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Thread: Someone just kick me in the ass.
March 28th, 2011 #1
Someone just kick me in the ass.
This is nowhere near done. I colored it a little to see how it would look, and I'm not happy with it. I'm thinking about just starting it over again, but this is the third time already.
This is also the first time I've attempted a comic page in like... A year. I was doing nothing for way too fucking long and I hate it.
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March 28th, 2011 #2
i am in love with the style. simplistic, and charming.
since its a comic I wouldn't say to add too many more details, it just lacks simple suggestions of movement.
Im no expert in that field.
March 28th, 2011 #3
Nice start. I'd suggest finishing at least this page. Then if you're really not happy, figure out a few things that need work and do a lot of studying. Then try again. You can only do your best and then practice some more. Eventually you'll just have to accept your skill level and finish it. I bet you would learn a lot more from finishing at least a chapter of a comic rather than studying, and you'd have a completed story to boot. Win-win!
-It took me a minute to understand the first two panels. I'm assuming the first panel is just unfinished and that the box up front is the building they're in?
-I think what could help the second panel's continuity is to show some people dancing to the music, or zoom out and show that there's quite a few people clumped in here engaging in party activities. This is a halloween party or similar, right? Right now it's sort of two people in a group with a seemingly random guy in the foreground of the panel. This makes me unsure as to what I'm supposed to be focusing on. If the objective of the panel is "Show viewer some characters enjoying a party", then emphasizing poses, expressions, hand gestures, etc. would help clarify I think. (kind of what spiritvanished was referring to I think)
-Following that, if you showed people in front of the dj booth (in a way that leaves the focal point on the dj), I think it would make it seem like she's in the same room as the partiers.
-I think the last 4 panels make a nice little sequence. It just took me a minute to figure out how the first part relates.
So yeah, clarity is objective #1 imo. I'd just work on making the content of each panel really describe the important thing going on. It's a great start though, so keep at it!
Also, I'm absolutely no expert so you may disagree with all of this. I understand! Good luck.
March 29th, 2011 #4
I'm just going to leave this here: http://www.scribd.com/doc/39956535/U...-Scott-Mccloud
Also, I'd be interested on seeing the failed two attempts, or maybe your page thumbnails? A lot of problems can be prevented in the thumbnailing process already.
And yeah, agreeing with eekolite about clarity.
I originally read the the panels like this
because the two dark figures lead the eye to right and the row of panels down until the glance to the left eventually to the DJ panel, and I was really confused because I couldn't find the snarling thing from that. If it's important for readers to notice the angry-thing, use something that makes people see it.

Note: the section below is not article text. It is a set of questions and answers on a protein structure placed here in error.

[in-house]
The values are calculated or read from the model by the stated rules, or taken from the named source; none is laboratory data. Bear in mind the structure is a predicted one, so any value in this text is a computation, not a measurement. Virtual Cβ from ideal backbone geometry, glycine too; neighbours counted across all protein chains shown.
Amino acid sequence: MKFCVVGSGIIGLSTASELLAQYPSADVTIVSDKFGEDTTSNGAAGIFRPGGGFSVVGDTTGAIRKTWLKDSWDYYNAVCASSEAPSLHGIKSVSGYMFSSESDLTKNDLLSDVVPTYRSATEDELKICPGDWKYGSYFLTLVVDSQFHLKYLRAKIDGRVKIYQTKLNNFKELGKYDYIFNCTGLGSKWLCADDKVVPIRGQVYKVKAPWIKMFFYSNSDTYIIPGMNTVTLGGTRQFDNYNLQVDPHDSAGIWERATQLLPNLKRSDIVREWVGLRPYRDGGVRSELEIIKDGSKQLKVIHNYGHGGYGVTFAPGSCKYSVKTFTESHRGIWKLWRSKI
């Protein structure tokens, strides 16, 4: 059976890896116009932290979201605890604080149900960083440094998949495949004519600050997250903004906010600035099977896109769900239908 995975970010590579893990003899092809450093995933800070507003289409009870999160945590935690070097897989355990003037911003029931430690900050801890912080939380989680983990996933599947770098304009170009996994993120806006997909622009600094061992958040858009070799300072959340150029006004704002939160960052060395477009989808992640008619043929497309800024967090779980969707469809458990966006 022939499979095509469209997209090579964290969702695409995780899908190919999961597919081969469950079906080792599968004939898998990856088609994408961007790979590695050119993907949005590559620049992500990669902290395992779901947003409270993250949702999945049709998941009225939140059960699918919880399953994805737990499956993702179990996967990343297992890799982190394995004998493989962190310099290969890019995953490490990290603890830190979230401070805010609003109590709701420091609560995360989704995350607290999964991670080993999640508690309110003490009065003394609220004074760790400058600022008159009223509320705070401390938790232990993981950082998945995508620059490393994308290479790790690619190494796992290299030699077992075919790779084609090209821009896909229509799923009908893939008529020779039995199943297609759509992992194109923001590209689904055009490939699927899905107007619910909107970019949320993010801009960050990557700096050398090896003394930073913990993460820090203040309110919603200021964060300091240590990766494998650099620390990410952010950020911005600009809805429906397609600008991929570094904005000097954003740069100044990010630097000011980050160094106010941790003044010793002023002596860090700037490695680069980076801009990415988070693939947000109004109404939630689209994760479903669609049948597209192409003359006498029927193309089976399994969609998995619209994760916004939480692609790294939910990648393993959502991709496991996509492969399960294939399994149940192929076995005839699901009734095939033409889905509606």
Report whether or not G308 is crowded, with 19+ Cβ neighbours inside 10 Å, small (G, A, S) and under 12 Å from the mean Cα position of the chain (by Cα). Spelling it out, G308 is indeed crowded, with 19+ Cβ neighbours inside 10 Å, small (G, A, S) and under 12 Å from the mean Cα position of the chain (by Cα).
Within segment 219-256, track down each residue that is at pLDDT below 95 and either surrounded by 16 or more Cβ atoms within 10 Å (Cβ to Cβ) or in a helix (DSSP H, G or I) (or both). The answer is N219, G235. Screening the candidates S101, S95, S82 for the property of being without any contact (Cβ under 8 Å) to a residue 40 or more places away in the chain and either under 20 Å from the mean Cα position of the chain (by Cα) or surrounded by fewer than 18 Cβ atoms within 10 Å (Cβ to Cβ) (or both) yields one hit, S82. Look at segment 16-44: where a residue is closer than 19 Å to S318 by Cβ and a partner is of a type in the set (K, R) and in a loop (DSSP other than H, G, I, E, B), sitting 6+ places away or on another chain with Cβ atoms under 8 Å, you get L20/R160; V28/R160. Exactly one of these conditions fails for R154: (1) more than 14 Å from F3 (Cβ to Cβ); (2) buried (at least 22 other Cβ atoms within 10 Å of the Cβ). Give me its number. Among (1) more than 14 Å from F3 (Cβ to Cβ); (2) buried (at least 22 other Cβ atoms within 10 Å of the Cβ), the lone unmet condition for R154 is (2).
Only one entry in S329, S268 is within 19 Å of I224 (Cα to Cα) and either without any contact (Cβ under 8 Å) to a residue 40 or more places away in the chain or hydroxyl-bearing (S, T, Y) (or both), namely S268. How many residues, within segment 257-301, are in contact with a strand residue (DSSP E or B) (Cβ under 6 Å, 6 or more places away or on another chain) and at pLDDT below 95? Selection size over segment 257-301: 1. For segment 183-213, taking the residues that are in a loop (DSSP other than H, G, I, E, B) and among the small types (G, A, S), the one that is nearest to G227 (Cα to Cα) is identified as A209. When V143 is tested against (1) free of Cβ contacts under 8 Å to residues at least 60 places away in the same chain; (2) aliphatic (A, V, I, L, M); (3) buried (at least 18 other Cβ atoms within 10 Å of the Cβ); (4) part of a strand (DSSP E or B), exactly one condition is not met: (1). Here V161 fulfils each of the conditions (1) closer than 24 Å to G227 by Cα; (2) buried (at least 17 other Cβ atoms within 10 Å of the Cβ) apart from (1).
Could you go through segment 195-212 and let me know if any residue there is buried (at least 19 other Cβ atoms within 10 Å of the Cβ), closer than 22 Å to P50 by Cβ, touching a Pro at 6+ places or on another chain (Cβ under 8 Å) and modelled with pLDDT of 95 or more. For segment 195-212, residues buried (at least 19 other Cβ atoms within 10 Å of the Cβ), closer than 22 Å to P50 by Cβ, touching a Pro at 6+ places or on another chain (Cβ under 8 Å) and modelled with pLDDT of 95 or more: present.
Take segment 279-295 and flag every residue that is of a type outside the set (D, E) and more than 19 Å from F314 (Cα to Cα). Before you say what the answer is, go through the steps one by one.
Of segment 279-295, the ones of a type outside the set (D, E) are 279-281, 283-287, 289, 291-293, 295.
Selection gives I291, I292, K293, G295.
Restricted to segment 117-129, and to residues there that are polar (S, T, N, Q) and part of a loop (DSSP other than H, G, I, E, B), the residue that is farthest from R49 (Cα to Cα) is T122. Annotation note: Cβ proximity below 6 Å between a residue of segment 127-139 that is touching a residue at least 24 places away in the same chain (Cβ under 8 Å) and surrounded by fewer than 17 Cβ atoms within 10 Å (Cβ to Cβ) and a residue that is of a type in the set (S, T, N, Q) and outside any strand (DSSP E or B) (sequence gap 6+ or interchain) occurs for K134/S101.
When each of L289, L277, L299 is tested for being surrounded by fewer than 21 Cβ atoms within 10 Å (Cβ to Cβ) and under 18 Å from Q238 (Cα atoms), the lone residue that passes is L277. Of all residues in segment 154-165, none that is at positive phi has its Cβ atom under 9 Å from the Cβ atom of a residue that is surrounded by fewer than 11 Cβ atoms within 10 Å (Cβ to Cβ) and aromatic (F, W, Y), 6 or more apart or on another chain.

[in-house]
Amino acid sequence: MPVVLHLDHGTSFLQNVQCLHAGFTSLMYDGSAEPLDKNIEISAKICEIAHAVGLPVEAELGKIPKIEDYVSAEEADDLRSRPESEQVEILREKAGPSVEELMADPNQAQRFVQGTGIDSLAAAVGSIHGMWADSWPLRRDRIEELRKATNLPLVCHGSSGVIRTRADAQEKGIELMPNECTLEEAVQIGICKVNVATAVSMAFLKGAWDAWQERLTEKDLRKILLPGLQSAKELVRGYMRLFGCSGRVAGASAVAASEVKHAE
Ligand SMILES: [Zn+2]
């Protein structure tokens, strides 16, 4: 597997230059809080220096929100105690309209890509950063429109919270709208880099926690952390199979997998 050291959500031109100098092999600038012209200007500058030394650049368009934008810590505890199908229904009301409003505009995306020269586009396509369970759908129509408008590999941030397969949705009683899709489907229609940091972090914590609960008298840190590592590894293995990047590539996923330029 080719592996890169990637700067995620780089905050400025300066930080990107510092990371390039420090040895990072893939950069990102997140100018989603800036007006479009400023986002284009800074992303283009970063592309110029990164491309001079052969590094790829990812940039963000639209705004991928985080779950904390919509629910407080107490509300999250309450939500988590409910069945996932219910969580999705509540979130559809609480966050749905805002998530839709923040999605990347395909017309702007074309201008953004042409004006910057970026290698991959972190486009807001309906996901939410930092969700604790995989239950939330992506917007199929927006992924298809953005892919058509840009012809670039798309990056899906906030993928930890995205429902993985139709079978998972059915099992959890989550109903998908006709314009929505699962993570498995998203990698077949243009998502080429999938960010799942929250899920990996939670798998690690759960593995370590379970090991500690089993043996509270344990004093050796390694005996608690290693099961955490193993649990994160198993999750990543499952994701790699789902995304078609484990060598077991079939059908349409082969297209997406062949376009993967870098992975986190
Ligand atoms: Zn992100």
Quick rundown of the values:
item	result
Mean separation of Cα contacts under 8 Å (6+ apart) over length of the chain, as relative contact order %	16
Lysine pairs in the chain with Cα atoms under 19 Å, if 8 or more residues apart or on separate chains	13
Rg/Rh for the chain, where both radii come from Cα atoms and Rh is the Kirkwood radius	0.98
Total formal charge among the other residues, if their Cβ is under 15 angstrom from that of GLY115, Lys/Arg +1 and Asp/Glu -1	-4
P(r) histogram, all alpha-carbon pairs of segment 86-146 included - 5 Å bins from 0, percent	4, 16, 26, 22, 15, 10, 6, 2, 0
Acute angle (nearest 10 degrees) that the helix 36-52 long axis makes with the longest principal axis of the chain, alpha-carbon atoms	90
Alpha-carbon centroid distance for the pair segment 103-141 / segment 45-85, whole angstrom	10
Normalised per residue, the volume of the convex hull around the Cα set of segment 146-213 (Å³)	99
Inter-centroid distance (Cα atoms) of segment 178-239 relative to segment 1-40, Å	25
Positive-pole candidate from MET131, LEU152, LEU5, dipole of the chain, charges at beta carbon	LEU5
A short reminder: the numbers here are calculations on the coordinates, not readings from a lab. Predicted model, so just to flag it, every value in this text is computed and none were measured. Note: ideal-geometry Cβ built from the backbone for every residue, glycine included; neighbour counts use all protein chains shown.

Also overall, the loose panels don't really work for me (especially in black and white) because it's harder to even notice some panels. Maybe add more gray or black behind the panels that kinda "hover" over the main images?
March 29th, 2011 #5
Watch your silhouettes. The art's actually pretty charming, but there's not a lot of life in them. Good silhouettes and lines of action will help a lot. The girl with the feather, for instance, could benefit by a more contrapposto pose, a change in arm position, and maybe a bit more variation in the hair. Same with the other characters, it's mostly tweaks in the posing.
Also, if the characters are in the big box, then I'd flip that first panel establishing shot. Having the characters looking from right to left in the second panel, the reader will assume they're in the building on the left in the first. Look up "180 degree rule" for more information. Not to mention, you can see it more clearly so it becomes the focus. Everything else stays pretty much consistent, but keep it in mind on future pages, since it adds to your storytelling.
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"Skill is the result of trying again and again, applying our ability and proving our knowledge as we gain it. Let us get used to throwing away the unsuccessful effort and doing the job over. Let us consider obstacles as something to be expected in any endeavor; then they won't seem quite so insurmountable or so defeating." - Andrew Loomis
March 30th, 2011 #6
I'm not all that great with sequential art but I can give a little advice regarding line weights. The basic formula I've come to grips with over the years is treating them almost like suggested shadow, but not quite. Somewhere halfway between just flat outline and drawing an actual cast shadow. Never been good at explaining things only show so I had an attempt at drawing that character of yours. Obviously, we draw in a completely different style but same rules would apply.
Try experimenting with screen-tone for large flat shading rather than hatching, to me it just seems too distracting from your main drawings, they seem to clash. As everyone else said there's some nice charm in those drawings but I'd still try and keep those proportions in check, and maybe get more drawing under the belt. At the mo those faces look generalized, same face, same angle, shows limitation if you ask me. Get out of that comfort zone!
Keep at it mate. It's obvious you need more inspirational videos from Rob Liefeld, I can assist there ;p
Last edited by Rusty; March 30th, 2011 at 10:47 AM.